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Congress may wish to consider the impact of imposing tariffs on certain products in the event of a NAFTA renegotiation. As noted in this report, NAFTA has played an important role in the development of supply chains throughout North America, particularly in the automotive industry. Many automotive assembly lines and parts manufacturers in North America collaborate as an integrated production region ranging from cities like Toronto in Canada to Detroit and many parts of Mexico. Labor-intensive parts can be produced in Mexico, where production costs are lower, while more complex parts are made in the United States. According to some estimates, the entire North American auto industry employs more than 1.5 million people and contributes significantly to the U.S. economy.109 tariffs or trade barriers have the potential to disrupt these production chains. Proponents say it would bring some of the world`s production back to the United States. Opponents say this could result in thousands of jobs lost in all three countries and benefit countries like Germany and Japan as they relocate their factories from Mexico to their country.110 NAFTA has boosted Mexican agricultural exports to the United States, which have tripled since the pact`s implementation. Hundreds of thousands of jobs in the auto industry have also been created in the country and most studies [PDF] have shown that the agreement has increased productivity and reduced consumer prices in Mexico. Under Article II of the Constitution, the President has the power to negotiate with foreigners.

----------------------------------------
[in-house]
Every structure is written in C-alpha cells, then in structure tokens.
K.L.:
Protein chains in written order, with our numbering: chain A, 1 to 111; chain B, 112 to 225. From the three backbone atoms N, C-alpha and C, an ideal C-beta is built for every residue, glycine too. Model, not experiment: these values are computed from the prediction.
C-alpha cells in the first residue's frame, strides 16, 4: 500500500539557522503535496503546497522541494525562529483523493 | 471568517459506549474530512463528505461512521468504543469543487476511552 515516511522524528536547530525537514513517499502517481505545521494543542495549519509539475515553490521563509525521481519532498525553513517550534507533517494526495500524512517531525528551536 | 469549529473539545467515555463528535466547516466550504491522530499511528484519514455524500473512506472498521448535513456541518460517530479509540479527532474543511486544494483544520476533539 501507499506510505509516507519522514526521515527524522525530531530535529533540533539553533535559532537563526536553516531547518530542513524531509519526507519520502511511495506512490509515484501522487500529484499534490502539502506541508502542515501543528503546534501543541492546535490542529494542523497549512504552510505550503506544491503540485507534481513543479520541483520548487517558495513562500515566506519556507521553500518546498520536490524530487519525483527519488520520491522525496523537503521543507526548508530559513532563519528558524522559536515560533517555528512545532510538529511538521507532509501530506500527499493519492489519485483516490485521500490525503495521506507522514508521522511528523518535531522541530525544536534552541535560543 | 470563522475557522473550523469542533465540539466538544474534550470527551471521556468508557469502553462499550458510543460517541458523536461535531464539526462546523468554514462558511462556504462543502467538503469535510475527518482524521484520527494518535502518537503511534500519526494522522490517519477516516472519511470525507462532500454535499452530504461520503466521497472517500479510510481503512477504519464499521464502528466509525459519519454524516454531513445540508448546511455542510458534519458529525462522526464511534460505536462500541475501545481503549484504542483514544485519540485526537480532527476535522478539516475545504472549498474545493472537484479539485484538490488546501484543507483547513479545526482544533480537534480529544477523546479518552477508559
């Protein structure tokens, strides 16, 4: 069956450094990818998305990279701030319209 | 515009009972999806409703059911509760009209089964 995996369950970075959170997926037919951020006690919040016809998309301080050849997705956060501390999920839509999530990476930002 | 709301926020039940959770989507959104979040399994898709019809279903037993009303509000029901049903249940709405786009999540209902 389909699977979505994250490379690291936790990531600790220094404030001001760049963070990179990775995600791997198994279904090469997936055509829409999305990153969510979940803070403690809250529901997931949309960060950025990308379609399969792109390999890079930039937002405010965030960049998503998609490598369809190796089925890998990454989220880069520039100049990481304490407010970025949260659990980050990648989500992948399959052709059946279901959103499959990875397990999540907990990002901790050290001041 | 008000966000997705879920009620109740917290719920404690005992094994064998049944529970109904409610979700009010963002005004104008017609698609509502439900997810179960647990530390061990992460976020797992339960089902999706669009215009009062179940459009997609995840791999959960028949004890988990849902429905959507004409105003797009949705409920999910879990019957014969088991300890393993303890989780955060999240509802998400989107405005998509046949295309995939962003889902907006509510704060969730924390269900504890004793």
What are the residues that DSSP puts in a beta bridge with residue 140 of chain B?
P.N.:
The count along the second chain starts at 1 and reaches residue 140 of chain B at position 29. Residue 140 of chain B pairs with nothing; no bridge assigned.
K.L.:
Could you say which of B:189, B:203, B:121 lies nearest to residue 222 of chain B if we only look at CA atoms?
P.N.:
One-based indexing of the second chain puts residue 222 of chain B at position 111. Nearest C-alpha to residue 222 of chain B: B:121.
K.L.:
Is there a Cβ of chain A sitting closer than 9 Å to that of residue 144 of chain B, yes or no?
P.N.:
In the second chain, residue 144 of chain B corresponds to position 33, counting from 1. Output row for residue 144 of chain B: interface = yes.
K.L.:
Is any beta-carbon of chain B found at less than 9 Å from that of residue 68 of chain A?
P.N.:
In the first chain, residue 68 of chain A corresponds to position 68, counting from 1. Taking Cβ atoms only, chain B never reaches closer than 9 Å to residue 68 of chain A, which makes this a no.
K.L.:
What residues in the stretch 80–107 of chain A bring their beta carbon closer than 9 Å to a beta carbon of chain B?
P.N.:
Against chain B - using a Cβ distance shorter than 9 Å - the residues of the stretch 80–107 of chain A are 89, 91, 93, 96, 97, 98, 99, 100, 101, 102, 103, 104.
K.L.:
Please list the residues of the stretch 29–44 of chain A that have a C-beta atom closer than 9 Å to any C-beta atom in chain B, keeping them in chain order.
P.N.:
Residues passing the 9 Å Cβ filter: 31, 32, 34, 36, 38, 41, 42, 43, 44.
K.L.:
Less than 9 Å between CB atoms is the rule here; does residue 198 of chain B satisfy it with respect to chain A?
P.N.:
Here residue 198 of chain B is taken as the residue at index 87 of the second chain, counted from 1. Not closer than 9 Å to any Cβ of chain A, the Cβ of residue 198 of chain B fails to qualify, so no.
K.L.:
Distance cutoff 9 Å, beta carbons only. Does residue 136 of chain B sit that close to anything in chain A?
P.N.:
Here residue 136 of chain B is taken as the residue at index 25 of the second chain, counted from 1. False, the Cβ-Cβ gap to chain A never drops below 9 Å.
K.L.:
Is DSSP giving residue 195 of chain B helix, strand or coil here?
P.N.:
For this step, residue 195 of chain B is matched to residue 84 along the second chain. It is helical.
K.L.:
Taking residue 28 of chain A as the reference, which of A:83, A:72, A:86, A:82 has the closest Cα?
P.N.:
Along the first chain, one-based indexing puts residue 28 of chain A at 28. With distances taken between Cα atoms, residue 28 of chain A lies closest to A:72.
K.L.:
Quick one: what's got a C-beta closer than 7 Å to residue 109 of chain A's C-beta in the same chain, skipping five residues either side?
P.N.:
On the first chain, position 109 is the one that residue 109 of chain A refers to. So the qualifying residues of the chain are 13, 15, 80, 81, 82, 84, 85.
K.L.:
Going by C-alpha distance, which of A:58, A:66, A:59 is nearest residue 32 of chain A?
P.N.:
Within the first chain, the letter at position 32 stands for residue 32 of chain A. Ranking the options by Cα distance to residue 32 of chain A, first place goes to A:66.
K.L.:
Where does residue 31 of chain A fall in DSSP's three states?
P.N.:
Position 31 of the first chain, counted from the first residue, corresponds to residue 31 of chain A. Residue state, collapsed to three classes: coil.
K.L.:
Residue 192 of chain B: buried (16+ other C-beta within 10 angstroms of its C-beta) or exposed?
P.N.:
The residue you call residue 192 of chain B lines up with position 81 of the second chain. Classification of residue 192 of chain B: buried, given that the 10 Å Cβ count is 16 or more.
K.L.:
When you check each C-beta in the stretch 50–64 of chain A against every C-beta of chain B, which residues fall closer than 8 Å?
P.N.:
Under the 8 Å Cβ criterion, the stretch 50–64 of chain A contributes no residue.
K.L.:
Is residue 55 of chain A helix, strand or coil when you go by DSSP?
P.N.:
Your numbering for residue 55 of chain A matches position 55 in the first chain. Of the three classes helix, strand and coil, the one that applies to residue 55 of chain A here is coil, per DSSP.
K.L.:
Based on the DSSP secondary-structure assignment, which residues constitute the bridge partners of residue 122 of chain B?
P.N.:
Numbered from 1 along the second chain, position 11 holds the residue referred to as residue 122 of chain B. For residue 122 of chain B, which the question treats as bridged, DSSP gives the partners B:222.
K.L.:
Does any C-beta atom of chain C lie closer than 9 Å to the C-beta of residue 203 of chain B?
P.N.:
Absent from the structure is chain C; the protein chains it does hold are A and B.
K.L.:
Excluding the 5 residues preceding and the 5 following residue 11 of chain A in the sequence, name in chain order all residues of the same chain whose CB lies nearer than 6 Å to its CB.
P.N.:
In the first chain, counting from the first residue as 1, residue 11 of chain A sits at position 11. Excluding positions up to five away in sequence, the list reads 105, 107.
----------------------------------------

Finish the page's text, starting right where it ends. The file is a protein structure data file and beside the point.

If President Trump decides to renegotiate NAFTA, the transposition of the renegotiated agreement into domestic law would likely take one form out of two, depending on the subject of the negotiations: president`s proclamation85 or, whether the renegotiations should lead to changes by the United States. The President would likely seek to expedite the processing of implementing legislation, in line with the Trade and Accounting Promotion Act of 2015 (TPA). 86 The legislation was developed under president George H. W. Bush, the first phase of his Enterprise for the Americas initiative. The Clinton administration, which signed NAFTA in 1993, estimated it would create 200,000 U.S. jobs in two years and 1 million in five years, with exports playing an important role in U.S. economic growth. The government expected a dramatic increase in U.S. imports from Mexico as a result of lower tariffs. A World Bank study finds that NAFTA has brought economic and social benefits to the Mexican economy, but that it is not enough to reduce the economic disparities between Mexico and the United States.73 She says Mexico needs to invest more in education, innovation and infrastructure, as well as in the quality of national institutions. The study also notes that income convergence between a Latin American country and the United States is limited by large differences in the quality of national institutions, the innovation dynamics of national firms, and the capacity of the workforce.
While NAFTA has had a positive impact on wages and employment in some Mexican states, the internal pay gap has widened as a result of trade liberalization74 Another study also finds that Mexico`s ability to improve economic conditions depends on its ability to improve its domestic institutions, adding that Mexican institutions have not improved significantly since NAFTA entered into force. 75 Dominican Republic-Central America – The United States Free Trade Agreement (CAFTA/DR) between the United States and Costa Rica was concluded on January 1, 2009 between the United States and the Dominican Republic on March 1, 2007, between the United States and Guatemala on July 1, 2006, and between the United States and Nicaragua on January 1, 2009. Entered into force on 1 March 2006 and between El Salvador and the United States. 2006. . . .